British Airways has served Kuala Lumpur for 50 years - the routes they have flown are innummerable. BA even formed Malaysia-Singapore Airlines!
During the early 1980s, BA flew BA11 and BA9 via KUL using B747 Classics via Muscat/Bahrain/Abu Dhabi/Bombay and onwards to Singapore/Perth/Melbourne/Sydney/Auckland/Brisbane.
In 1984, BA took Kuala Lumpur off the Kangaroo route on certain days because there was sufficient traffic to operate a L1011 TriStar as BA33 via Bahrain/Abu Dhabi/Bangkok and onwards to Manila. Gradually all of BA's services to Kuala Lumpur were operated using the TriStar. This was just about the beginning of the end as the TriStars were unpopular and flight times were too long (on certain days the flights took 19 hours to reach London whilst Malaysia Airlines were flying 747s with just one-stop at Dubai in 15 hours.)
In 1989, British Airways reintroduced the 747-Classic on BA33 and passengers returned with profits. BA also introduced BA149 which operated LHR-KWI-MAA-KUL which was unfortunately caught in Kuwait at the start of the Gulf War - British Airways received much poor media publicity in the Malaysian press as passengers were negotiated out of the war-stricken city. BA suffered badly from this and passengers switched back to MAS.
The 747-400s arrived at about the same time and BA reintroduced Kuala Lumpur on to the Kangaroo route diverting BA9 via KUL on flights to Perth, Adelaide, Melbourne and Auckland. BA149 also became a one-stop service via MAA. BA stopped flying KUL-MNL at this point and began researching Indonesia as a possibility.
The reintroduction of BA9 had a positive effect as BA was beginning to compete with MAS once again but MAS was always one-step ahead and began a daily non-stop service using its own 747-400s.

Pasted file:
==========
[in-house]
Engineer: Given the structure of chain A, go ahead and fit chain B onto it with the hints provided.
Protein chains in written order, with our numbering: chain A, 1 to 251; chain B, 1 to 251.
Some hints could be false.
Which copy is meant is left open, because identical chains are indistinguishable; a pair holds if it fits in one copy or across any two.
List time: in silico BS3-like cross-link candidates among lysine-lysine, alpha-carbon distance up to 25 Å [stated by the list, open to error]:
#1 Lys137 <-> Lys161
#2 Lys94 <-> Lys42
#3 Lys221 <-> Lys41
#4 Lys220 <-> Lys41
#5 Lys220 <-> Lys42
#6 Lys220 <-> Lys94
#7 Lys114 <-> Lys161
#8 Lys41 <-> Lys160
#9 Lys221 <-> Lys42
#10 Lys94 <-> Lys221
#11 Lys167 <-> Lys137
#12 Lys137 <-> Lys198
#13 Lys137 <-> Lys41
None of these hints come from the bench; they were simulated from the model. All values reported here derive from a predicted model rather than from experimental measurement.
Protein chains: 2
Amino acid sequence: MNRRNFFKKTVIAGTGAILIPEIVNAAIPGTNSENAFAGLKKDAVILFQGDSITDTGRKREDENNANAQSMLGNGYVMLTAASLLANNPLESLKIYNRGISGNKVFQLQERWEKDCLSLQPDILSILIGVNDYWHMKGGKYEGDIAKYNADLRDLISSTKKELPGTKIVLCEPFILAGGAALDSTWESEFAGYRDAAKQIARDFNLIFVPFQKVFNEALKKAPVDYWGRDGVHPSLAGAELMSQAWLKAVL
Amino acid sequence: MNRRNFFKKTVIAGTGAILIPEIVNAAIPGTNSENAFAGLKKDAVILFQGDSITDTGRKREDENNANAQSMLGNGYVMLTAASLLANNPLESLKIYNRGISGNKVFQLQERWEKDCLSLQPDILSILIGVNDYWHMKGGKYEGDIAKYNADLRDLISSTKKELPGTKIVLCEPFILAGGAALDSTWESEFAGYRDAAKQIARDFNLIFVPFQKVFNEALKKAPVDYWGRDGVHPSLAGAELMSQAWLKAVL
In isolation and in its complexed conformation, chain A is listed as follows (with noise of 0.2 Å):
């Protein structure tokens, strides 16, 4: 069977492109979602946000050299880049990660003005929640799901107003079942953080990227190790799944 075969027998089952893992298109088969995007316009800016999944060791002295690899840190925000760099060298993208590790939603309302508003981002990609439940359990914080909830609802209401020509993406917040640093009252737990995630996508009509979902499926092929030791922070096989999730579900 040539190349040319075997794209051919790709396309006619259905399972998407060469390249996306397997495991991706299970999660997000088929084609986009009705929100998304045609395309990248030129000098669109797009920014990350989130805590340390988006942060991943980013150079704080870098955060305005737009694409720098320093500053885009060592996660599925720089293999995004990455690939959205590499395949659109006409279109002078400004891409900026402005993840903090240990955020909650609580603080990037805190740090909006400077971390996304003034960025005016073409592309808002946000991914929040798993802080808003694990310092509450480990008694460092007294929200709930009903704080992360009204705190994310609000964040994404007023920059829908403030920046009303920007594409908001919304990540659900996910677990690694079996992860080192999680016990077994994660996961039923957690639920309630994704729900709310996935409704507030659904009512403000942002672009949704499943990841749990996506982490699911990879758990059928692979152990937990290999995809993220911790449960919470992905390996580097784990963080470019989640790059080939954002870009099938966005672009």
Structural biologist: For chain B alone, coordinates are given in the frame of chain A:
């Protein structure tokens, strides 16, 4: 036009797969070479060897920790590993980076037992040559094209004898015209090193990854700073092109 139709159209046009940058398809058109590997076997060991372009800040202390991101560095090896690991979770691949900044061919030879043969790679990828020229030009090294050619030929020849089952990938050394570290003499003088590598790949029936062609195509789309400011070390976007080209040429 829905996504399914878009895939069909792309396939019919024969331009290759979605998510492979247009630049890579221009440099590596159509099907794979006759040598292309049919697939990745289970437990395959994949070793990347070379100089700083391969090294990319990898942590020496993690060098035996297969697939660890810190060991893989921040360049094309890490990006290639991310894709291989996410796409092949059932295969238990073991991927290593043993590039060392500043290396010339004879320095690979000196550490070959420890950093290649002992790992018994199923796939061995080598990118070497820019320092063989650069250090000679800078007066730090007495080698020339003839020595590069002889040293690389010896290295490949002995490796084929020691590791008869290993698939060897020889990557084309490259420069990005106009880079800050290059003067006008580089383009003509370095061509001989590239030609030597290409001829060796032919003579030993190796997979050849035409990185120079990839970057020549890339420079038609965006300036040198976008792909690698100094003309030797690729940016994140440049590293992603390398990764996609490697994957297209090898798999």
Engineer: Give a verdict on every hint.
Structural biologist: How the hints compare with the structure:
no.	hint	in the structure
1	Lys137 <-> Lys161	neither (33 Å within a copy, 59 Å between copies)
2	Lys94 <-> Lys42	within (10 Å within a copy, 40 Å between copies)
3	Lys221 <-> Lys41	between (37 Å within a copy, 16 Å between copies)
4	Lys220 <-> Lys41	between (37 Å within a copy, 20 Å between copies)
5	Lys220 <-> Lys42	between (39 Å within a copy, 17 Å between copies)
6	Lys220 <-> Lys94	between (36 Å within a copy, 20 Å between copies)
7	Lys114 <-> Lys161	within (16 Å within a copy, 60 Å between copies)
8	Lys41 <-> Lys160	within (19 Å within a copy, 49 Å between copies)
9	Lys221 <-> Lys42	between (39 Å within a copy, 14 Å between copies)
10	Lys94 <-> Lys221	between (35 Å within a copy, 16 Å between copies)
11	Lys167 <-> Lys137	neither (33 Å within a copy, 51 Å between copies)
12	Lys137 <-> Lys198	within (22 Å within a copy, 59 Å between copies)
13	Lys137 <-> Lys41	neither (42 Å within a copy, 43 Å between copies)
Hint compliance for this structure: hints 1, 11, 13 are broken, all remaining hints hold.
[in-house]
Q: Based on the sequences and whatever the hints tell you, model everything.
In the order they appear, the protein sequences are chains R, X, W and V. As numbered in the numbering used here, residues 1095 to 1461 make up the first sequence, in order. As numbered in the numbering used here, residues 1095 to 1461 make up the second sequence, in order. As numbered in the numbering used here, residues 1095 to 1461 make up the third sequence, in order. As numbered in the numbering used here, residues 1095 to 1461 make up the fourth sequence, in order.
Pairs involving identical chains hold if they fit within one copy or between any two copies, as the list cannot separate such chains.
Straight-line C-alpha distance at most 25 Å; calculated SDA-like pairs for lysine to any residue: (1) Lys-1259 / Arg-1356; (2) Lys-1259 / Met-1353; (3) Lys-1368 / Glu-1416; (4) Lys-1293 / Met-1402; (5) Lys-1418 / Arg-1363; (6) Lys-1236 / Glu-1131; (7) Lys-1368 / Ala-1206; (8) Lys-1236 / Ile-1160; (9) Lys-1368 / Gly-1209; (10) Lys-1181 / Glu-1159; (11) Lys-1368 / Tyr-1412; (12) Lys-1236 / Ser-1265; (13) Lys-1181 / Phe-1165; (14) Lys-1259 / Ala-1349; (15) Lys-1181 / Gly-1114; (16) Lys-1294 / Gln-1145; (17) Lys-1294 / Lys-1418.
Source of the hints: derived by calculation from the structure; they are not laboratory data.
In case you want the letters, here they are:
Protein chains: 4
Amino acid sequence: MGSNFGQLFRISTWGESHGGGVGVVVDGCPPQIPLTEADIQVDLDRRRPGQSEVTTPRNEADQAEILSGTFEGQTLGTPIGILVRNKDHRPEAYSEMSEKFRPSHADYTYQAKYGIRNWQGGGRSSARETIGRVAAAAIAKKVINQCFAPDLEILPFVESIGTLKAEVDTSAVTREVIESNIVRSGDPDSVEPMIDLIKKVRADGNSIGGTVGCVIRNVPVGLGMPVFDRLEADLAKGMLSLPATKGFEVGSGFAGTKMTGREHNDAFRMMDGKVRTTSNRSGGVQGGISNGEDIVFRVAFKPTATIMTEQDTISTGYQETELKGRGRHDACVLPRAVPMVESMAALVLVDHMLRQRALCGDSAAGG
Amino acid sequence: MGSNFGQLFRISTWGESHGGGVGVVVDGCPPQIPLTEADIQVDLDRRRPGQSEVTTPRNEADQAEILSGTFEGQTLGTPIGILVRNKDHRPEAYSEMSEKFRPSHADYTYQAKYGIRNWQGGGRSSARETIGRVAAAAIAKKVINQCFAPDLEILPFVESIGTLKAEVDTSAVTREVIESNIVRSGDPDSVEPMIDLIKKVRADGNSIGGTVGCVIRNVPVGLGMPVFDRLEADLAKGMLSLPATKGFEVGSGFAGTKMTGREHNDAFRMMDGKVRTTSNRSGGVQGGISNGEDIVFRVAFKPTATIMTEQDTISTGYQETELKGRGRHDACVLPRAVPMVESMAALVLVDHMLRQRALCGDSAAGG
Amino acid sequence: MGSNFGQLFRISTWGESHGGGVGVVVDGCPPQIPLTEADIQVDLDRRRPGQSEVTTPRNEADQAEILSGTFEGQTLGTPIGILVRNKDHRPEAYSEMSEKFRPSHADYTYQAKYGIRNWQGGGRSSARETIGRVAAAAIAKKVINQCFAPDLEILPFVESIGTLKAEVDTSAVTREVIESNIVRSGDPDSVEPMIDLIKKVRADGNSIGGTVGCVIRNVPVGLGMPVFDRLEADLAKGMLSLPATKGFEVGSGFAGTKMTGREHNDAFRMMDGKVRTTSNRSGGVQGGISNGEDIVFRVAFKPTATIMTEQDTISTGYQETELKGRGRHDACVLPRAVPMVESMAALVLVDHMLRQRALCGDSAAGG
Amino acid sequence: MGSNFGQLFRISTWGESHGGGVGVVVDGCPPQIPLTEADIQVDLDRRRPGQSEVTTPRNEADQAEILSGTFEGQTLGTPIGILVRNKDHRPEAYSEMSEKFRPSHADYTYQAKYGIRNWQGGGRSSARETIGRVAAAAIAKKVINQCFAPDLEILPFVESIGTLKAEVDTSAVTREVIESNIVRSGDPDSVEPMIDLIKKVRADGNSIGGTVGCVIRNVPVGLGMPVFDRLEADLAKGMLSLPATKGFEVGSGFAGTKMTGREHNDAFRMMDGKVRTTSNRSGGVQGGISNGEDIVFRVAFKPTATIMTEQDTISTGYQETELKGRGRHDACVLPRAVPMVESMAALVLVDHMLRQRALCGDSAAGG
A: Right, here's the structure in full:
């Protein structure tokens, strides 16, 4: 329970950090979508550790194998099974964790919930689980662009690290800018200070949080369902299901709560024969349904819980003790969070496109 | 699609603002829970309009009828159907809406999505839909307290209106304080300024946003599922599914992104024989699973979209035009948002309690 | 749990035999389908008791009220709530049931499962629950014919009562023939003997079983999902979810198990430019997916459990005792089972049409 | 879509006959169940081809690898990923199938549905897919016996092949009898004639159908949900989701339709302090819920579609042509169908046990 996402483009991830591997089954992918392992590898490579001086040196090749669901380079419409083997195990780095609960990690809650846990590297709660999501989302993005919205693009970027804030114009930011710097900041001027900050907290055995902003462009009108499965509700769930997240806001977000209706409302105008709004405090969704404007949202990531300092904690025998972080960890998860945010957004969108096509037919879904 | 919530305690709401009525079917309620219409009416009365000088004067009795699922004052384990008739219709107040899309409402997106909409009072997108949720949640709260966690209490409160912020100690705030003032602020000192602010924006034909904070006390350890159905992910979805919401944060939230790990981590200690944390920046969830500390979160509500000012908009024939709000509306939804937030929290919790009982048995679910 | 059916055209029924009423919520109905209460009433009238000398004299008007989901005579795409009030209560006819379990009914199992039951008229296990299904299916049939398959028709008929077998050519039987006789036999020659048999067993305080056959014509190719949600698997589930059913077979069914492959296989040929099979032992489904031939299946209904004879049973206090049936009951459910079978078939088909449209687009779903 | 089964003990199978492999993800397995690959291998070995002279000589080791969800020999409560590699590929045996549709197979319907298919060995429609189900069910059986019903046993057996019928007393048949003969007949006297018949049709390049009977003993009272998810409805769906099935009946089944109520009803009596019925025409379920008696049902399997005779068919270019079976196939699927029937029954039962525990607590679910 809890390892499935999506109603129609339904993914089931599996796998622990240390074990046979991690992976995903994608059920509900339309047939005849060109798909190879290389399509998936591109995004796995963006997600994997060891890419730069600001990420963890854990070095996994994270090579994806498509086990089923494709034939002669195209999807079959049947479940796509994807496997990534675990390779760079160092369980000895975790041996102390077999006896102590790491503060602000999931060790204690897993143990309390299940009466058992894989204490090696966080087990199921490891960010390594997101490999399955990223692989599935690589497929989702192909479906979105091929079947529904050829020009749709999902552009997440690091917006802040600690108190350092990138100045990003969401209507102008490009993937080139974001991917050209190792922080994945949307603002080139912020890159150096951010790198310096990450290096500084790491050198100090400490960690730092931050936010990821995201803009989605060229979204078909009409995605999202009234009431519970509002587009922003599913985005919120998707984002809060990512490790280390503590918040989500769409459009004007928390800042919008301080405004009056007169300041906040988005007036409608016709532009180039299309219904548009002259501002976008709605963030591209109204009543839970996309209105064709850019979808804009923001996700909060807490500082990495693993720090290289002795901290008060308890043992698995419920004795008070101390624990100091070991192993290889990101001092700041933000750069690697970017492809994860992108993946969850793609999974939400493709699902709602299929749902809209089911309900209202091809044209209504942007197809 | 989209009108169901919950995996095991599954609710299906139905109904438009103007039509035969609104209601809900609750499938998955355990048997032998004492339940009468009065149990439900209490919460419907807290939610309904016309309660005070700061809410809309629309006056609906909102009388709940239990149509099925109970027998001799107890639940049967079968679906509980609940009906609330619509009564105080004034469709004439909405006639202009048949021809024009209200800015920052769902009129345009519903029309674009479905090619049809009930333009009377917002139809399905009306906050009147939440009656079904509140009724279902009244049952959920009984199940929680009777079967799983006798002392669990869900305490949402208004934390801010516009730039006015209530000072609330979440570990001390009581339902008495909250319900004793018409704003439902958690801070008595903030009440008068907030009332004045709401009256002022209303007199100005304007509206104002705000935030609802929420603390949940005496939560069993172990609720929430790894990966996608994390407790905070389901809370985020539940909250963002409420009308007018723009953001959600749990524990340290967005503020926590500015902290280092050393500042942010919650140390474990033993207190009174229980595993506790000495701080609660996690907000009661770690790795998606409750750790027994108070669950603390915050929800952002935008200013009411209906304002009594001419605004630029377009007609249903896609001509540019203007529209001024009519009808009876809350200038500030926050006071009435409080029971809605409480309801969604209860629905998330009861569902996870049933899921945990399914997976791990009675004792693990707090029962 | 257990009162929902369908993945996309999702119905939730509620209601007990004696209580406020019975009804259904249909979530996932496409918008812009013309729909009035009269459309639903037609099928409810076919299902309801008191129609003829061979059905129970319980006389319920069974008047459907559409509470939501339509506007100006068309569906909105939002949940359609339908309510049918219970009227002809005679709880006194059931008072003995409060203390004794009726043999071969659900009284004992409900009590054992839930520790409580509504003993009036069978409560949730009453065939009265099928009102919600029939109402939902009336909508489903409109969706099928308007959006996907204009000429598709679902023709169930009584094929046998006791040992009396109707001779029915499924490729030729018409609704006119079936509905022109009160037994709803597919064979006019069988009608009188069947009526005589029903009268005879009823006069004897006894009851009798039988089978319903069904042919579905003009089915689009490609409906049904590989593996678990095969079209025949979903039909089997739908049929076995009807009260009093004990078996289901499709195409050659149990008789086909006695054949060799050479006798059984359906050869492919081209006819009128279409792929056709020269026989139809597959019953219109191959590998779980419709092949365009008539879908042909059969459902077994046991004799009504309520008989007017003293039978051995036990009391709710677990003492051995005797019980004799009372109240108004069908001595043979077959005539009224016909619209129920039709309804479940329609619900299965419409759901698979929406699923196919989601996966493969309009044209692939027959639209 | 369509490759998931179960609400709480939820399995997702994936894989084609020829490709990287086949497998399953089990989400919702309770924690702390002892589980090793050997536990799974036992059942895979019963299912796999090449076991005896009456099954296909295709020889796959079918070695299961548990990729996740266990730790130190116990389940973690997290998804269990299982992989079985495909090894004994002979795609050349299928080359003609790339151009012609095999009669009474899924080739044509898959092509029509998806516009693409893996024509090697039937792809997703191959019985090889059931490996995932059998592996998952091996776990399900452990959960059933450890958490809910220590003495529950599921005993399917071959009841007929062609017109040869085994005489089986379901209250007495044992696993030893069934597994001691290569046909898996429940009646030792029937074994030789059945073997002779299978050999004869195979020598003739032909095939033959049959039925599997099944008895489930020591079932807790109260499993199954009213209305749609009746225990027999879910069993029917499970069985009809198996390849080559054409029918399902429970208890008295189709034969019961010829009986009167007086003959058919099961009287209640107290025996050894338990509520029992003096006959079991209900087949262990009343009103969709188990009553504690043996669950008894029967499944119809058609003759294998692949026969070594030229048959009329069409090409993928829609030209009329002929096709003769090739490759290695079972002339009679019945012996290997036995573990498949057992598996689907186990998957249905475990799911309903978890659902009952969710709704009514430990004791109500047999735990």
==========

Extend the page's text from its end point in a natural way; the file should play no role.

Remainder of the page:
During the mid-1990s, frustrated with UK-Malaysian aviation talks MAS sought help from Virgin who were keen to bash BA. MAS got the approval to double its services to London. BA Malaysia meanwhile appealed to BA London to take MAS on and compete but BA London did not listen (to be honest that is the bottom line) and on concluding its stake in Qantas decided to let QF run its Malaysian operations. QF was not keen on KUL as a destination and BA Malaysia fought back to reinstate someone from BA to run the operations. With this BA launched a weekly LHR-KUL-CGK service which was well-received and well liked by passengers.
BA33 was a huge success operating full on the LHR-KUL sector and picking up some traffic between KUL and CGK. KUL-CGK operated on average with about 100 passengers on each flight. BA London approved BA Malaysia's plans to expand and the service went up to 6x a week until the economic crisis forced BA to ditch CGK.
In 1998, BA revamped BA33 to fly LHR-KUL-SYD which again was well-liked and well-received but QF saw little profit on it code-share so a new strategy had to be conceived. BA decided to go it alone and operate a point-to-point LHR-KUL service. Disaster as the 747-400s were oversized and ripped profits from the route.
The arrival of the 777s saved the route and is BA's longest 777 service but as we see it has only just saved the route for over a year - come April - we say 'Farewell to BA' who ironically built Malaysian Aviation.